Adam Parvipontanus

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Adam Parvipontanus[1] (or Adam of Balsham) (c. 1100/2 – c. 1157/69) was an Anglo-Norman scholastic and churchman.[2]

Adam was born in Balsham, near Cambridge, England. He studied with Peter Lombard at the University of Paris. He later taught at Paris; among his pupils were John of Salisbury and William of Tyre. Gabriel Nuchelmans surmises that he may have been the first person to introduce the term enuntiabile, which came to be used in the same sense as dictum.[3]

Many sources have assumed Adam of Balsham and Adam, Bishop of St Asaph (or Adam the Welshman) to be the same person, although Raymond Klibansky concludes that they were two different men.[2]

The Petit-Pont attached to Adam's name and which crosses the Seine linking the west front of Notre-Dame Cathedral in Paris (and the site of a former bishop's palace) to the left bank St. Michel area would have been the main centre of Adam's intellectual group (it was renamed in 2013 with the addition of the name of Cardinal Lustiger:'Petit- Pont Cardinal Lustiger').

Works[edit]

Notes[edit]

  1. ^ Adam de Parvo Ponte, Adam du Petit-Pont, Adam of the Little Bridge.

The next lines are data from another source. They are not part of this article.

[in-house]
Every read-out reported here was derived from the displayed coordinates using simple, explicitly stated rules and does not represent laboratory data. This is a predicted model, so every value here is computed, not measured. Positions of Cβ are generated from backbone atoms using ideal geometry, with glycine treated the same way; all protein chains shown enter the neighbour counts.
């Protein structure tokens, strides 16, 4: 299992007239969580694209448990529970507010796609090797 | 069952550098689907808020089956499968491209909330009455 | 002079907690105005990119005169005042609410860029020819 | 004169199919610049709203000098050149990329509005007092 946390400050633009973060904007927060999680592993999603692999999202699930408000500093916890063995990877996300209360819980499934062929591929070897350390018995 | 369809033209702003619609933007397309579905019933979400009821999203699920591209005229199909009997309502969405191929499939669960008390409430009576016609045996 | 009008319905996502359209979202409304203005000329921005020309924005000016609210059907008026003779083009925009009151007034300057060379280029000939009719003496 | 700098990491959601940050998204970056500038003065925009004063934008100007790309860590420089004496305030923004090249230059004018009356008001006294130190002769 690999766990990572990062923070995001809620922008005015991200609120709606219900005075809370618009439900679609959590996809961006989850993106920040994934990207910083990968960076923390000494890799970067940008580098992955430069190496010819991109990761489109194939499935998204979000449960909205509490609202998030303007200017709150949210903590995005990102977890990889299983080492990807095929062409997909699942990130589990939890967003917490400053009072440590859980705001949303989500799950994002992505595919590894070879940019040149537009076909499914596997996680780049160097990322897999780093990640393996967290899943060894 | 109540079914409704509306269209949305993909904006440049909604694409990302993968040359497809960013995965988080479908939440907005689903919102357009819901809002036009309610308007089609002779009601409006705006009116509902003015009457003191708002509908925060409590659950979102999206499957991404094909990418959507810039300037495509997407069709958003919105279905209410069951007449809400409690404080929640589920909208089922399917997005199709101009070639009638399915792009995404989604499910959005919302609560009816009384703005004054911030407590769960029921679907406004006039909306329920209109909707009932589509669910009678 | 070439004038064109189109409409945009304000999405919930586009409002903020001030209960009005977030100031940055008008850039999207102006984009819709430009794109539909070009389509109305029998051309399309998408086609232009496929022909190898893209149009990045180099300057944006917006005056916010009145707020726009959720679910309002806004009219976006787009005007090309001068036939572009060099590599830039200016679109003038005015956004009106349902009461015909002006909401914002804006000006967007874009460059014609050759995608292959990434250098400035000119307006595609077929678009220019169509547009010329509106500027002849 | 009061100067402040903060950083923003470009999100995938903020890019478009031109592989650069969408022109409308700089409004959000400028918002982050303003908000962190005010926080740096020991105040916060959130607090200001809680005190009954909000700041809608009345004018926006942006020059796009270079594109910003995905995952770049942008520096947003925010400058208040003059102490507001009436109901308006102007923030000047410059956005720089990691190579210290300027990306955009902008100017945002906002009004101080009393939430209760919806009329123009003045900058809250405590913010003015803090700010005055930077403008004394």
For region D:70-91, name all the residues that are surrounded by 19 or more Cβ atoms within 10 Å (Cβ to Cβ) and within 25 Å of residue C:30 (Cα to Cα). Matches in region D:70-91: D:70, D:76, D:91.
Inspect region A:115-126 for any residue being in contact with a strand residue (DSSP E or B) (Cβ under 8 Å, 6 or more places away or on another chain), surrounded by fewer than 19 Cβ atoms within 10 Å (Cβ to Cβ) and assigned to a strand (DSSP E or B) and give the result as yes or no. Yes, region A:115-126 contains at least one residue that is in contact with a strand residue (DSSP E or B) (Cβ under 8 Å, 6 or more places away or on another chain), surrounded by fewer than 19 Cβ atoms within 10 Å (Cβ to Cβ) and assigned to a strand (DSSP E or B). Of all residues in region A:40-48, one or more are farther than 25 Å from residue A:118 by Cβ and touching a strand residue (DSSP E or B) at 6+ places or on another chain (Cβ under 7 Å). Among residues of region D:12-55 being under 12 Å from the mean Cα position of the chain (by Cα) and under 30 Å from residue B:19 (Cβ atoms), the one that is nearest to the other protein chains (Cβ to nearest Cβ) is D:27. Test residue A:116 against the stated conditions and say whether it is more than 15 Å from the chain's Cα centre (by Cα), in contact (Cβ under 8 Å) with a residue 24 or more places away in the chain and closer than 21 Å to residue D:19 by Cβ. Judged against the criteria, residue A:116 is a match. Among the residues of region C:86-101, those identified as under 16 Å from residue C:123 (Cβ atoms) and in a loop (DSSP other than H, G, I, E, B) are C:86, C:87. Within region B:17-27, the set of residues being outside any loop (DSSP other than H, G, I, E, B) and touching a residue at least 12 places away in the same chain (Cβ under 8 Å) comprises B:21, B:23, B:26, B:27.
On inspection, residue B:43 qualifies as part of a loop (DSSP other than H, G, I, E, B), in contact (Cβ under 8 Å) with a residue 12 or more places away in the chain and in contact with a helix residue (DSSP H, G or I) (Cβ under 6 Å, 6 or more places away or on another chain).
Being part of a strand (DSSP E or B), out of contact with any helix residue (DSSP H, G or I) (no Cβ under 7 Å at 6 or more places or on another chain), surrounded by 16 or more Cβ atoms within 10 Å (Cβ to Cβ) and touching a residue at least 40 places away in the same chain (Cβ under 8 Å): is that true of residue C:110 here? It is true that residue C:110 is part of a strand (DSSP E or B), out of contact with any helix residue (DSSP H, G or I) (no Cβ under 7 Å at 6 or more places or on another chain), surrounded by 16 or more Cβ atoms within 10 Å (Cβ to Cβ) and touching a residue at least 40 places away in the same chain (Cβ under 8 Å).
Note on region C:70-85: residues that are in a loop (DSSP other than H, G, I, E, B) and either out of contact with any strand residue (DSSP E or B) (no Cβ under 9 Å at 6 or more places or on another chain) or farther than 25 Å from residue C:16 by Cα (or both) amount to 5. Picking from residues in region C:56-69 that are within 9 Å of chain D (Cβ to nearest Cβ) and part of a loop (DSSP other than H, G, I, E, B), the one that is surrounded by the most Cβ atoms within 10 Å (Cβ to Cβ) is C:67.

2. ^ a b Klibansky, Raymond (2004). "Balsham, Adam of (1100x02?–1157x69?)". Oxford Dictionary of National Biography. Oxford University Press. Retrieved 19 July 2013. 
  3. ^ Nuchelmans, p. 169.

Further reading[edit]

  • L Minio-Paluello (ed) Twelfth Century Logic: Texts and Studies (Rome 1956)
  • Peter Dronke (ed) A History of Twelfth-Century Western Philosophy (Cambridge 1988)
  • Gabriel Nuchelmans Theories of the Proposition: Ancient and Medieval Conceptions of the Bearers of Truth and Falsity (North-Holland, 1973)
  • Richardson, H. G. (October 1941). "The Schools of Northampton in the Twelfth Century". The English Historical Review 56 (224): 595–605. doi:10.1093/ehr/LVI.CCXXIV.595. 

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